Vladyslav Pekker - My Scala Story
Let's celebrate Scala's 20th anniversary! Congratulations to all of the language contributors and enthusiasts - what a journey that is!
How did you first get introduced to Scala, and what did you think about it?
The year was 2010, and I was doing my bachelor's degree at the time. A professor of mine stumbled upon it and thought I would like it. Boy, oh boy, was he right.
Tell us about a moment when you realized, "Aha! Scala is awesome!" What Scala's features and capabilities made you feel that way?
Even though I came across Scala through my professor, I read "Programming in Scala - Second Edition" before the semester started. In it, I realized the significance of syntax in programming languages. Typically, syntax is not considered overly important, but the book emphasized that without convenient syntax, programmers might not opt for the most optimal implementation if the syntax to get there was too cumbersome. Therefore, a cool syntax here and there might not make a big difference, but a well-thought-out syntax from first principles will.
How has Scala influenced your approach to solving programming problems?
It didn't happen overnight, but over the years, it led me to think more in terms of types rather than values. We don't necessarily need to type everything to the max, but thinking in terms of types has certainly changed the way I solve problems.
If you could add a new feature to Scala, what would it be, and how would it benefit developers?
IMHO, Scala is not in desperate need of another feature, but here we go. I'm a big fan of exports in Scala 3. I just wish they didn't generate so much bytecode and also allowed exporting entire packages. It's currently not possible due to a limitation in the incremental compiler.
What is your favorite programming meme?
I have 2, and both of them are rather related to DevOps than programming.
Brilliant Dilbert comic. Hitting a little too close to home... pic.twitter.com/axDlwj7bYB— Daniel Dib (@danieldibswe) September 5, 2019
What are your go-to tools and libraries when working as a software developer?
- tapir (backed by zio-http, http4s or anything else as long as it’s functional)
- htmx with scalatags
- many others that don’t come to mind right now
Tell us about a time when Scala proved to be a game-changer in a real-world project
Most, if not all, of my experience comes from startups that had already chosen Scala before I joined. That said, I've witnessed a single hobbyist developer create and maintain a Play app for almost a decade in production without a clear sense of direction. It might sound like a cliché, but on several occasions, he claimed something along the lines of, "if it compiled, I shipped it." I'm paraphrasing, of course.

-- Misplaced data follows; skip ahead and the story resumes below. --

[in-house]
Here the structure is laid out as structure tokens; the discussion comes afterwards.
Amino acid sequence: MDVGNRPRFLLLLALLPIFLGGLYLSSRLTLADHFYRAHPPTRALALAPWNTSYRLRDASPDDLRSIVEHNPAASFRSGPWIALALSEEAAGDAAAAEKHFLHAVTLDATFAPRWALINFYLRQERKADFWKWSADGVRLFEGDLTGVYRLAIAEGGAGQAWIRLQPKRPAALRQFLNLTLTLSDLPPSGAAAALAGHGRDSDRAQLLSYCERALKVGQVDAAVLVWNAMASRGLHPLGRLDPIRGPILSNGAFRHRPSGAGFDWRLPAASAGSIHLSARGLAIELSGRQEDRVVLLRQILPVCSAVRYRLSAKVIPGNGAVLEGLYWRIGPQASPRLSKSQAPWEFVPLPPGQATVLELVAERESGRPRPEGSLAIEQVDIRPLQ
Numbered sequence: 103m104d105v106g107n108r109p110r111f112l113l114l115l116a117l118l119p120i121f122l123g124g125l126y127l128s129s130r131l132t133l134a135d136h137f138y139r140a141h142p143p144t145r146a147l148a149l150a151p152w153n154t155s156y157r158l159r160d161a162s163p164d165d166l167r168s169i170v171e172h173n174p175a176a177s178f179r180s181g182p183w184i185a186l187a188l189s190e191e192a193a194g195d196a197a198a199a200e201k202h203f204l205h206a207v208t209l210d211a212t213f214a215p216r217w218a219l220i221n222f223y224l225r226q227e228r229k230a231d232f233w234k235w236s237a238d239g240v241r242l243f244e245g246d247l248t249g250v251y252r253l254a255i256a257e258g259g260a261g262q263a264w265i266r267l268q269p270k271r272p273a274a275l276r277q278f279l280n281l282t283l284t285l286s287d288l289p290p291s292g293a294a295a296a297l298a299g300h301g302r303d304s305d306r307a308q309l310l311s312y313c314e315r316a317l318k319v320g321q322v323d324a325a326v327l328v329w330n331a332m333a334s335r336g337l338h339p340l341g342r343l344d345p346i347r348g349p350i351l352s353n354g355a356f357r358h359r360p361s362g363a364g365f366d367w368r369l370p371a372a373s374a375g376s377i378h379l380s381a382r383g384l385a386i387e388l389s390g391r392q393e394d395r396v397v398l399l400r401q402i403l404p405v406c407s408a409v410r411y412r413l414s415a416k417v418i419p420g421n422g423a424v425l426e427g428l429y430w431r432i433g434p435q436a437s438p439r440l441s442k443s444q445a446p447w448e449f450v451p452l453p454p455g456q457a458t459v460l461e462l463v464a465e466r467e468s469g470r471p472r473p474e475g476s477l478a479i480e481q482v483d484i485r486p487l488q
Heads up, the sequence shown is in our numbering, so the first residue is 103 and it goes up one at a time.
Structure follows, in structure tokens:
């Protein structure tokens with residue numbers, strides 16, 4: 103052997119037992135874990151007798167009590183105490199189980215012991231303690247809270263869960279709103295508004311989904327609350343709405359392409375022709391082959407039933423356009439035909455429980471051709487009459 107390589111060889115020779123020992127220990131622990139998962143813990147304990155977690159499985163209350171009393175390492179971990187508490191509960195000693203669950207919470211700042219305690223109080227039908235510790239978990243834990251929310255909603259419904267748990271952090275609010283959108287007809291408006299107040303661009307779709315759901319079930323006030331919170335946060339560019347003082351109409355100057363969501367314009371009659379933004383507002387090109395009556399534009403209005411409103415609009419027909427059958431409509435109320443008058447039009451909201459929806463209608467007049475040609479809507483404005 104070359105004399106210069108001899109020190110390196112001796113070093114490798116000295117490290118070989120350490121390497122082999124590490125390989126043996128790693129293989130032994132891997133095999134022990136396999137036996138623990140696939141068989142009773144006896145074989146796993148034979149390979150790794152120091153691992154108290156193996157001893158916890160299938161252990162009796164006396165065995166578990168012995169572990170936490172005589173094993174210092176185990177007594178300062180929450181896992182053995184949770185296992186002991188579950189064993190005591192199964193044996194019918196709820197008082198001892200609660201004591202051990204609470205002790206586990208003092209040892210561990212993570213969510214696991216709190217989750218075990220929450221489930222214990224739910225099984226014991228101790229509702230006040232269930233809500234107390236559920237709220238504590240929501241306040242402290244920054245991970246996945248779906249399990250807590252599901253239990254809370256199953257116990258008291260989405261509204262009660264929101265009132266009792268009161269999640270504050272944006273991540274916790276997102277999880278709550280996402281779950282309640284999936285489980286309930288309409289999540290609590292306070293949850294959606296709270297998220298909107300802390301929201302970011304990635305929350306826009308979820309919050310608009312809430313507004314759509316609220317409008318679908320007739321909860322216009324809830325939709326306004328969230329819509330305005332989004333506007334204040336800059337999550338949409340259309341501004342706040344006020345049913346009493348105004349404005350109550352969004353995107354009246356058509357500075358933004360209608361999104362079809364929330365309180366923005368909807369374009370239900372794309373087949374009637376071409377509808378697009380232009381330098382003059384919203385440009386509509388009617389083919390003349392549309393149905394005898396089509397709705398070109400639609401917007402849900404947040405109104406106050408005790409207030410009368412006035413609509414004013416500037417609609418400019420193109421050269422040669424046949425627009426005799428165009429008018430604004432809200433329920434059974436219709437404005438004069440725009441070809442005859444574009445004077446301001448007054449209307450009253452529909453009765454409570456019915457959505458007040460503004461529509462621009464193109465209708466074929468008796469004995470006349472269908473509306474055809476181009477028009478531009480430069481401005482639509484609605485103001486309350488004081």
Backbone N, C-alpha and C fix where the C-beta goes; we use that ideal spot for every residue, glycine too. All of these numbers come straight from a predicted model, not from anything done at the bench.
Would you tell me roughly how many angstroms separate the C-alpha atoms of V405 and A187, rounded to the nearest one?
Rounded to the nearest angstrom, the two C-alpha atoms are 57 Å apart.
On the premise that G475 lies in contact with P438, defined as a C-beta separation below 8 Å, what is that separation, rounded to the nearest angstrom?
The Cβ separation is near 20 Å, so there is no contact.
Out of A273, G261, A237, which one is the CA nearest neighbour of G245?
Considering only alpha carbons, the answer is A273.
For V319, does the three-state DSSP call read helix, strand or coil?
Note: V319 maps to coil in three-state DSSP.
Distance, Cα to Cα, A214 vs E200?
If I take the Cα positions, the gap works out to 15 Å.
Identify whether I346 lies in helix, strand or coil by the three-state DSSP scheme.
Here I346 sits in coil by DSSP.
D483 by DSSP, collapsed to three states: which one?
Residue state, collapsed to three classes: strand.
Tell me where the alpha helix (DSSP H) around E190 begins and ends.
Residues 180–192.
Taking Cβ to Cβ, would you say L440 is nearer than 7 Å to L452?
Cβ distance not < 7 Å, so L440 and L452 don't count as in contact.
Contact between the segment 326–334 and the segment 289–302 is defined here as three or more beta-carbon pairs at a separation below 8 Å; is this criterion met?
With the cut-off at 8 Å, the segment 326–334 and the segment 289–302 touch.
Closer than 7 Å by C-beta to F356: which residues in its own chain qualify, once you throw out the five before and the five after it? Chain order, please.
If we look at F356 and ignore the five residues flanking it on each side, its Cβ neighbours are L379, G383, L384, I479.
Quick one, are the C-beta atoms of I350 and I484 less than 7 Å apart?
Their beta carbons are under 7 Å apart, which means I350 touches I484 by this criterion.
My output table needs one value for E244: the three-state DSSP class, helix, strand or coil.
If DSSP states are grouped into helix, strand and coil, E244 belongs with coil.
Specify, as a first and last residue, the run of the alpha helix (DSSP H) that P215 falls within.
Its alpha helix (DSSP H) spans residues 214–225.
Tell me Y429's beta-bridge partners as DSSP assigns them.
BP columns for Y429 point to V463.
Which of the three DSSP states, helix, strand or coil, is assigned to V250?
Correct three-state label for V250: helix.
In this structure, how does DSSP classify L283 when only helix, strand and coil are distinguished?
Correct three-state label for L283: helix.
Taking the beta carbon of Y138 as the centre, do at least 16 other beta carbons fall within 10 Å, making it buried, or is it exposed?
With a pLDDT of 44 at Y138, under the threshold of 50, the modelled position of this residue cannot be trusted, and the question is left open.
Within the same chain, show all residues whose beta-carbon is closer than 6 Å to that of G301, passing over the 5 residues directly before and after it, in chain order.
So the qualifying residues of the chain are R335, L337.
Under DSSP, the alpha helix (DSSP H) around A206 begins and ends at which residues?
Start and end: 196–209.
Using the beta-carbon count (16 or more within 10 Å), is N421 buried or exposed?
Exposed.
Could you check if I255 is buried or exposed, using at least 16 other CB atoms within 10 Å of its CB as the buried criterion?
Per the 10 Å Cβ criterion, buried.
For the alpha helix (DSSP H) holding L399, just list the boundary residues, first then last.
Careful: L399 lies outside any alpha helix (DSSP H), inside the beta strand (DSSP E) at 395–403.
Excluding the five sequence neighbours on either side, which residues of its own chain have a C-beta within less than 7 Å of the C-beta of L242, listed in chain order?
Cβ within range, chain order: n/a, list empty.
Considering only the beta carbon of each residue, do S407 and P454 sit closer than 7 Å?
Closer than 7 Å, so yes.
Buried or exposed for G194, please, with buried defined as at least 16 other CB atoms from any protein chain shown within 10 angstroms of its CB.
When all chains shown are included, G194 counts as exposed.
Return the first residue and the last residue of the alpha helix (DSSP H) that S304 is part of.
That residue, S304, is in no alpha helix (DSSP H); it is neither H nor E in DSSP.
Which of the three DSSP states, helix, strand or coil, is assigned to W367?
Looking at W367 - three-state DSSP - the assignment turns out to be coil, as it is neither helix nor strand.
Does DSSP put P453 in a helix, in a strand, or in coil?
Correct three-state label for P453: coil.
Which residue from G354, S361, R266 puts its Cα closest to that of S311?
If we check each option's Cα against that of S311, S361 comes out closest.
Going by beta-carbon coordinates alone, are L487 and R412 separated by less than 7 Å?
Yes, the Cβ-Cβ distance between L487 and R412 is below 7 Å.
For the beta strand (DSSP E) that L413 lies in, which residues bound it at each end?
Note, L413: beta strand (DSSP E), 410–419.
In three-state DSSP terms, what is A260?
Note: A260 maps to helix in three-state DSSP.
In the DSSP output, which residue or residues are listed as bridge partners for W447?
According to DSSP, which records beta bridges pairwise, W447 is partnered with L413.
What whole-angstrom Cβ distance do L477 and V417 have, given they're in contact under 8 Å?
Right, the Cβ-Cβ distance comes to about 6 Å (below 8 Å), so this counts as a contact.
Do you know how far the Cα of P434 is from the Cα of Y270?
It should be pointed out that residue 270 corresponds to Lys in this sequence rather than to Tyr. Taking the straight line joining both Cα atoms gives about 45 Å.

Did you have any hilarious or embarrassing moments while learning Scala?
I remember rereading the chapter of the “Programming in Scala” book about partially applied functions more than 3 times, because I didn't understand them.
What advice would you give to someone just starting with Scala?
Get a mentor, or at least follow a predefined path such as a book, a blog series, a video series, or a course. Scala is not an easy language to learn without guidance.
How have you seen Scala evolve over the years, especially in your field of work?
The tooling has improved massively (though there is still a long way to go). Incredibly powerful libraries have been developed. My own programming style completely changed from "FP solves problems that I don't have" to "FP solves all of my problems." Scala 3 is not without issues, but it's such a breath of fresh air.
What are your predictions for the future of Scala in the next decade?
As an optimist, I believe the future of Scala is bright. Our balance is still skewed towards theoretical research, but over the past few years the needle was moving in the rather practical direction. There's certainly a lot of work to be done, but we'll get there.
SCALA turns 20 years old !!!
And we surely know how to celebrate it! Follow #scalaversary on X and Mastodon and… join us at Scalar Conference 2024 for a Scala Fiesta. Get ready for two exciting days of learning about functional programming with a fantastic community. Meet experienced IT experts, make friends with people who share your interests, and discover valuable insights.
Grab your ticket here, and see you in March!